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Date: 2022-06-16 13:56:11
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(Thursday Market Open) While Americans slept on the Fed’s rate hike, the Swiss National Bank (SNB) announced a surprise increase in its key rate and the Bank of England (BoE) also raised theirs. With central banks around the globe now raising rates, equity index futures fell dramatically with S&P 500 futures down more than 2.3% ahead of the opening bell.
The SNB hike is its first since 2007, moving its benchmark from -0.75% to -0.25%. SNB also raised its 2022 inflation forecast to 2.8% from 2.1%. However, it maintained its economic forecast at 2.5% growth.
The BoE was the first of all central banks to start raising rates and this morning’s hike was its fifth consecutive. The quarter-point increase took the BoE key rate up to 1.25%. However, three members of the BoE board voted to increase the rate by 50 basis points.
With three central banks raising rates in less than 24 hours and the European Central Bank (ECB) calling for a surprise meeting, it not only paints a picture of inflation that is much worse than global banks had originally forecasted, it also reflects the need of central banks to protect their currencies from the strength of the U.S. dollar. As the global economic picture worsens, investors were fleeing to greenbacks and Treasuries as a safe haven and reducing liquidity in other countries. Rising rates are likely to induce recession but rising inflation and the Fed are forcing the hands of other central banks to raise rates.
While the SNB may have prompted the selloff, the pullback in stocks is closer to what you might have expected from the Fed’s 75-basis-point hike instead of yesterday’s relief rally. The Cboe Market Volatility Index (VIX) rose more than 6% ahead of the opening bell climbing well above 31. When the VIX is above 30, nothing good happens and when the VIX is above 40, only bad things happen.
More negative U.S. economic news arrived this morning with building permits falling 7% in May and housing starts dropping 14.4%. The results reflect continued weakness in the housing market and particularly in new homes. The Philadelphia Fed Manufacturing Index came in at -3.3, a signal that economic conditions are getting worse. Analysts had expected the report to come in at 5.5. Finally, initial jobless claims were also higher than forecasted.
Earnings from Kroger (KR) beat on top- and bottom-line numbers and the grocer raised full-year earnings guidance. However, the stock fell 4.4% in premarket trading on the news that the company’s same-store sales guidance fell slightly. The supermarket chain has done a pretty good job of managing inflation though the company tightened its earnings guidance range, which may reflect new buying contracts that could help them fix some costs helping to protect them from inflation.
The Federal Reserve met the consensus Wednesday with a 75-basis-point rate hike that will lift the federal funds rate to a range between 1.5% to 1.75%. Fed Chairman Jerome Powell told reporters afterward that the 75-basis-point hike isn’t expected to be a common increase and that the Fed will likely hike by 50-75 basis points in July and then return to increases in the 25-50-basis-point range thereafter.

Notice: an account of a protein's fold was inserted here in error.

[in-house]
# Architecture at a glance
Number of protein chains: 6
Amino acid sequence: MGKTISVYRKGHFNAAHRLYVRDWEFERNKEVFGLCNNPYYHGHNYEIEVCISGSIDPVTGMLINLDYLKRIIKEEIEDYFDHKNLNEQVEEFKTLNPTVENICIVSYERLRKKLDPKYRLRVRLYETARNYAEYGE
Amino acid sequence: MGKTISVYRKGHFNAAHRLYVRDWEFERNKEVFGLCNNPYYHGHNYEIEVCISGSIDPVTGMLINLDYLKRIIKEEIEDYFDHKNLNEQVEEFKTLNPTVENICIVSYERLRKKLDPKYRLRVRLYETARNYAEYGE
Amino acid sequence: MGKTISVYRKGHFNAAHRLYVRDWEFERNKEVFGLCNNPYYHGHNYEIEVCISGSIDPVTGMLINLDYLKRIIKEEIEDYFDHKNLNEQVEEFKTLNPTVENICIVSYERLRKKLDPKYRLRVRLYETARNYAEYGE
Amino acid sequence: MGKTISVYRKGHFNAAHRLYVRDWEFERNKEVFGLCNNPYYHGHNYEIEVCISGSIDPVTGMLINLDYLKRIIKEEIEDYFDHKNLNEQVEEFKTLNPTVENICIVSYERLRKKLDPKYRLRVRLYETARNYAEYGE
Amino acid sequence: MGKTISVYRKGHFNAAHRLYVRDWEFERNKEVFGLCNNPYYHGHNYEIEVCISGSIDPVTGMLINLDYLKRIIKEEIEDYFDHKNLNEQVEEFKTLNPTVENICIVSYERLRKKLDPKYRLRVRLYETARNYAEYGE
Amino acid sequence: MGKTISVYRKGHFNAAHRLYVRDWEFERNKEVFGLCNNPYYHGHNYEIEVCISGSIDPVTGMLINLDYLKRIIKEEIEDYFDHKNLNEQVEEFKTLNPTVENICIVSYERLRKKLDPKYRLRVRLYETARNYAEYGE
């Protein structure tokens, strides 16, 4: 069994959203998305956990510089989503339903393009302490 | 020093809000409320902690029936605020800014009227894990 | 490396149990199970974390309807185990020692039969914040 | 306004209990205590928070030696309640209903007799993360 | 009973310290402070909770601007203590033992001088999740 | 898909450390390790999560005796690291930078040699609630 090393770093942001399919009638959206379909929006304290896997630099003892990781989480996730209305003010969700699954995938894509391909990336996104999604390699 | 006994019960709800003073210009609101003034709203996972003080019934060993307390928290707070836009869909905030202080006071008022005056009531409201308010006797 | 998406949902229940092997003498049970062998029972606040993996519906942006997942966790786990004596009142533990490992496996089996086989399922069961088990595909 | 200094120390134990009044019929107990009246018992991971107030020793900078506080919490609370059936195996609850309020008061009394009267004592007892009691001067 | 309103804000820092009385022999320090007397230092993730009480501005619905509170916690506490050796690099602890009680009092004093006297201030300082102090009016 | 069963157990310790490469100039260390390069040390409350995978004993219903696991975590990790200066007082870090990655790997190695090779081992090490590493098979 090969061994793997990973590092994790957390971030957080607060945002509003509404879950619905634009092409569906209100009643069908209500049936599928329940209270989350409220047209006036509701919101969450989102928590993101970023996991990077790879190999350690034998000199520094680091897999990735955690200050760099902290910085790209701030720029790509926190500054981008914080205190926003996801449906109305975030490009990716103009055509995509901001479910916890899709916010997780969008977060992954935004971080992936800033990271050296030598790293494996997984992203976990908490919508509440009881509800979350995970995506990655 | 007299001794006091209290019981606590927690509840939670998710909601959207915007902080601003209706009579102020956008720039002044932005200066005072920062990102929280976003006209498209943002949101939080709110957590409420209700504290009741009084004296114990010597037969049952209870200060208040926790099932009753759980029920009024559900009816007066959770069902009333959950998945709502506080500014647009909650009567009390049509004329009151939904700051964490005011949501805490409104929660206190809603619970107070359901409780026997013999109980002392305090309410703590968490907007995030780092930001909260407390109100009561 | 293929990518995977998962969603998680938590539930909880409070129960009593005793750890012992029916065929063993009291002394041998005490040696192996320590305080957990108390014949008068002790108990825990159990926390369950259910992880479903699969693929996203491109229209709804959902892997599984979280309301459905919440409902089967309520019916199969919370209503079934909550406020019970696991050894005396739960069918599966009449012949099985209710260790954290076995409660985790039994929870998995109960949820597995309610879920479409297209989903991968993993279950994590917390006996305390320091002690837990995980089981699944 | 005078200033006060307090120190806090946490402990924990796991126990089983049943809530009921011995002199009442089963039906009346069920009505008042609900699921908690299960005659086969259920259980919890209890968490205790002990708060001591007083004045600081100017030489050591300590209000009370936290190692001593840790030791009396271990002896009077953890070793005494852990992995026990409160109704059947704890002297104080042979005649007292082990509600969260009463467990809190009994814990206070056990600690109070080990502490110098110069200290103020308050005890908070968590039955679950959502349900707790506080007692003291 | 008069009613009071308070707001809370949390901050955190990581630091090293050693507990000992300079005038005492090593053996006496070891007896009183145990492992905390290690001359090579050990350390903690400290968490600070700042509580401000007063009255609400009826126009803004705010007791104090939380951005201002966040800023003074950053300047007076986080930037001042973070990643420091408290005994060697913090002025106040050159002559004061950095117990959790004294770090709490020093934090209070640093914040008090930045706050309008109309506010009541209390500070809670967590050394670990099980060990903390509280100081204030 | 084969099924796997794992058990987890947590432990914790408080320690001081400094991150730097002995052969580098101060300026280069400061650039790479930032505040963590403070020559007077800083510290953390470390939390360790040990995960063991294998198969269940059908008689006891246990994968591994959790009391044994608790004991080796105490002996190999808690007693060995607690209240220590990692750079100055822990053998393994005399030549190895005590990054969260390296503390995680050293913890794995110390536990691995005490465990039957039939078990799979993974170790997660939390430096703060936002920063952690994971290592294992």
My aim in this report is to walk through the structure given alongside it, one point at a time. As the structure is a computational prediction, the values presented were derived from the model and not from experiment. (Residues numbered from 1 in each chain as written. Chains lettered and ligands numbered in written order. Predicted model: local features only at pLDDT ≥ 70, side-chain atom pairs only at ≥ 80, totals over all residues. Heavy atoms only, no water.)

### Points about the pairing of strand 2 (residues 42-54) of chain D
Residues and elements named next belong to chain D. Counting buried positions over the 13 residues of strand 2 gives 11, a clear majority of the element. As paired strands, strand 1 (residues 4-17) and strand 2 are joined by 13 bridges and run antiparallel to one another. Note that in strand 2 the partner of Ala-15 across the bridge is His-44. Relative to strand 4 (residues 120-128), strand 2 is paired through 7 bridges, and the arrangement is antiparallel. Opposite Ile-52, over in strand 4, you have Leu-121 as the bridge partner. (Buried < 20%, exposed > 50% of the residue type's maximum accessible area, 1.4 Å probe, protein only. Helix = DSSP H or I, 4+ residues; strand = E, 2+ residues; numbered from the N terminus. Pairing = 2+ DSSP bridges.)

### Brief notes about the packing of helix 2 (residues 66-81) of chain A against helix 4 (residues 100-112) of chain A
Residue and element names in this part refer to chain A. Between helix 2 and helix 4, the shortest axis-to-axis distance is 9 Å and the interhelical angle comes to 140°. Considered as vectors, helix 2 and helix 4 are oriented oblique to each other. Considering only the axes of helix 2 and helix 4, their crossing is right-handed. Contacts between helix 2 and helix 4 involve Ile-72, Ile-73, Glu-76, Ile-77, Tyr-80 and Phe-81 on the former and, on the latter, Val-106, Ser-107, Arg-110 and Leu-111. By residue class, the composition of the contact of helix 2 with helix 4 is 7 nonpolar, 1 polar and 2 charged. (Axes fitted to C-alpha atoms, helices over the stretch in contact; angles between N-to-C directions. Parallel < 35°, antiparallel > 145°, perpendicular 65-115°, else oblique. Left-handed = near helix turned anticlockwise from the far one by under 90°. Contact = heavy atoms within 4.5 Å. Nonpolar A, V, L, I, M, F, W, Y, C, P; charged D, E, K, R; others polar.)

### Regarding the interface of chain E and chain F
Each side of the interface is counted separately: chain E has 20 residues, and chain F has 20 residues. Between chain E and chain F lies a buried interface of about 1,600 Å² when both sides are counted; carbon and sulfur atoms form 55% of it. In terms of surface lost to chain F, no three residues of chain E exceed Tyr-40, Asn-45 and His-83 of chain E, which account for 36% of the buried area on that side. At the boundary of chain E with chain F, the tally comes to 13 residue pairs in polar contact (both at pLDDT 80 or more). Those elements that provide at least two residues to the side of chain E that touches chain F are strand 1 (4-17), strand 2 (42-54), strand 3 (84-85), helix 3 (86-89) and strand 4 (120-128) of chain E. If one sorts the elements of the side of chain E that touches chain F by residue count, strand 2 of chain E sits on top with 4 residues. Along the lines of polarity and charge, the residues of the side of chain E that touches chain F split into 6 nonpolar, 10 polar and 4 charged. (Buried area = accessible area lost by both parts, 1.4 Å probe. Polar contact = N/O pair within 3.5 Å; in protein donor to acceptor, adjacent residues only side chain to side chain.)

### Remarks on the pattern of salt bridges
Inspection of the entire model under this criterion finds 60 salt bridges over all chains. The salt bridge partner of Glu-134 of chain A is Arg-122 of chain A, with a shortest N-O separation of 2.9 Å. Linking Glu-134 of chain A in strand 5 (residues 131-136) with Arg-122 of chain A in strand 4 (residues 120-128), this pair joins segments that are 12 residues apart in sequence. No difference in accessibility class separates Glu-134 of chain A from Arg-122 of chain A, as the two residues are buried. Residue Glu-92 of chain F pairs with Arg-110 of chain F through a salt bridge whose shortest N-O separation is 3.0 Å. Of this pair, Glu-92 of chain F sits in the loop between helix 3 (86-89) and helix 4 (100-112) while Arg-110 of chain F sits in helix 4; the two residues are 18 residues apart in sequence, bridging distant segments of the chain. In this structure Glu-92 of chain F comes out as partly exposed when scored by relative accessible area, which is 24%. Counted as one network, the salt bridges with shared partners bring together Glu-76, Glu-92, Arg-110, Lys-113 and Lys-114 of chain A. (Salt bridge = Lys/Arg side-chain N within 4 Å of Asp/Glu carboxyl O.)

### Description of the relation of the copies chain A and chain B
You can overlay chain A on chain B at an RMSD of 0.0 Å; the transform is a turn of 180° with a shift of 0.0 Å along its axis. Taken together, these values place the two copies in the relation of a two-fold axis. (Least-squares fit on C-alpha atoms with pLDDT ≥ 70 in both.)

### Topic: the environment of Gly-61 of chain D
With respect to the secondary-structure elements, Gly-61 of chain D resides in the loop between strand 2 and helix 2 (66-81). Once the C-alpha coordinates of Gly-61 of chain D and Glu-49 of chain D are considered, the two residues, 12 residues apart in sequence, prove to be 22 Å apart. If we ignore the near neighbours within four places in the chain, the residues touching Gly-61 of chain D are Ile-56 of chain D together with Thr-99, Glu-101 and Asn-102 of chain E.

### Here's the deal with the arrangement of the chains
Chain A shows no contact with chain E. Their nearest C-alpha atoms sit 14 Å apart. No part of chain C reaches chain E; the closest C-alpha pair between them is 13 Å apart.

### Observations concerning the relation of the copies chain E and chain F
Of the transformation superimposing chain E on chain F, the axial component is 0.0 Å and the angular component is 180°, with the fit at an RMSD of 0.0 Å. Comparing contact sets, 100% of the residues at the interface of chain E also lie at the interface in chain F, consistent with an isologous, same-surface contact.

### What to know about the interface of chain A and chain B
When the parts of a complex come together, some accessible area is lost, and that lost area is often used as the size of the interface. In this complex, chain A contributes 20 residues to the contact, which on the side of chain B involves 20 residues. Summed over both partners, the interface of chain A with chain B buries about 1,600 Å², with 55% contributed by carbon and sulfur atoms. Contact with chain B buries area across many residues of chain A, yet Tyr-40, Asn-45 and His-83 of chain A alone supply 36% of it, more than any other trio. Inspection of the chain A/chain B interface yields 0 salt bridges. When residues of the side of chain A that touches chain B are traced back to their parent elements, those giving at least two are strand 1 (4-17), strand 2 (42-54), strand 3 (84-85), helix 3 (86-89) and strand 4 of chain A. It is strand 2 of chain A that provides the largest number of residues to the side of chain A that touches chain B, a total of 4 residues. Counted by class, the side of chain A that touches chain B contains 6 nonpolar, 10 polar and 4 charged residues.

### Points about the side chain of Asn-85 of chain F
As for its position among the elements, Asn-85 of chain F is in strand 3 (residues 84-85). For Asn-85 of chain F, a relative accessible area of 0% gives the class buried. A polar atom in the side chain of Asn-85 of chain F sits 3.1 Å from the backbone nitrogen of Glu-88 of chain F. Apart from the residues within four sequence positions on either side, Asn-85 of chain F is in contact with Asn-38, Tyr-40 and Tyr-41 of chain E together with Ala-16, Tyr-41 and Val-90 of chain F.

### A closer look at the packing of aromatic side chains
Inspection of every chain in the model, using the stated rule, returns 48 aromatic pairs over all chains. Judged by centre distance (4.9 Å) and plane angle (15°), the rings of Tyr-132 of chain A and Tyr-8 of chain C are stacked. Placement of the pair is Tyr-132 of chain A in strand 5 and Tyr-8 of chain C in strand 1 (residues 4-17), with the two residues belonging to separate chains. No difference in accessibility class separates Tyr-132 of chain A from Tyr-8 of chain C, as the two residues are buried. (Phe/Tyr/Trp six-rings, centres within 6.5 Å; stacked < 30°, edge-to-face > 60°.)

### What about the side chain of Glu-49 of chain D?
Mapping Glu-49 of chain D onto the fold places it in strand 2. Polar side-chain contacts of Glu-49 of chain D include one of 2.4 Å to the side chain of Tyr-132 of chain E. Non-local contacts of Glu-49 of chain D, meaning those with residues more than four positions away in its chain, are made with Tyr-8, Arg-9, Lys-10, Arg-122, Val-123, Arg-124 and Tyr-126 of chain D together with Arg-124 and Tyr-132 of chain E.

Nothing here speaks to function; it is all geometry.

Mr. Powell cautioned that all future moves will be “data-dependent,” and the Fed’s dot plot revealed that each Fed member sees the central bank’s overnight rate reaching 3% by the end of 2022 with the average projection at 3.4%.
Notably, the Fed chose not to change its plans to unload its balance sheet. In fact, during the day, the Fed began its $9 trillion balance sheet reduction by allowing $15 billion worth of Treasuries to mature off the balance sheet without replacement. Throughout the remainder of June, the Fed plans to unload a total of $30 billion in Treasuries and $17.5 billion in mortgage-backed securities. The amount of quantitative tightening (QT) will ramp up over the next three months to a monthly pace that will eventually rise to $60 billion in Treasuries and $35 billion in mortgage-backed securities.
The concern with QT is that it may add more volatility to an already volatile Treasury market. The Treasury market and the mortgage market are now losing one of their biggest customers and will have to rely on other institutions and investors to pick up the slack. Those replacing the Fed’s business may demand a higher rate of return, which could push yields even higher.
The Fed also adjusted its unemployment outlook higher as Powell noted that executing an economic “soft landing” has become increasingly more difficult. The Fed lowered their 2022 gross domestic product (GDP) to 1.7% down from 2.8%. Powell added that the central bank hopes that unemployment won’t move above 4.1% as rates do their work slowing the economy.
Stocks rose during the morning, and with most of the surprises already accounted for, they remained relatively unchanged after the announcement. After the press conference, stocks tried to stage another rally but were turned back. Nonetheless, the S&P 500 (SPX) finished the day 1.46%, while the Nasdaq Composite ($COMP) climbed 2.5% and closed higher for the second day in a row. The Dow Jones Industrial Average ($DJI) rose 1%. The 10-year Treasury yield (TNX) was also little changed after falling this morning from Tuesday’s spike—and finished at 3.395%.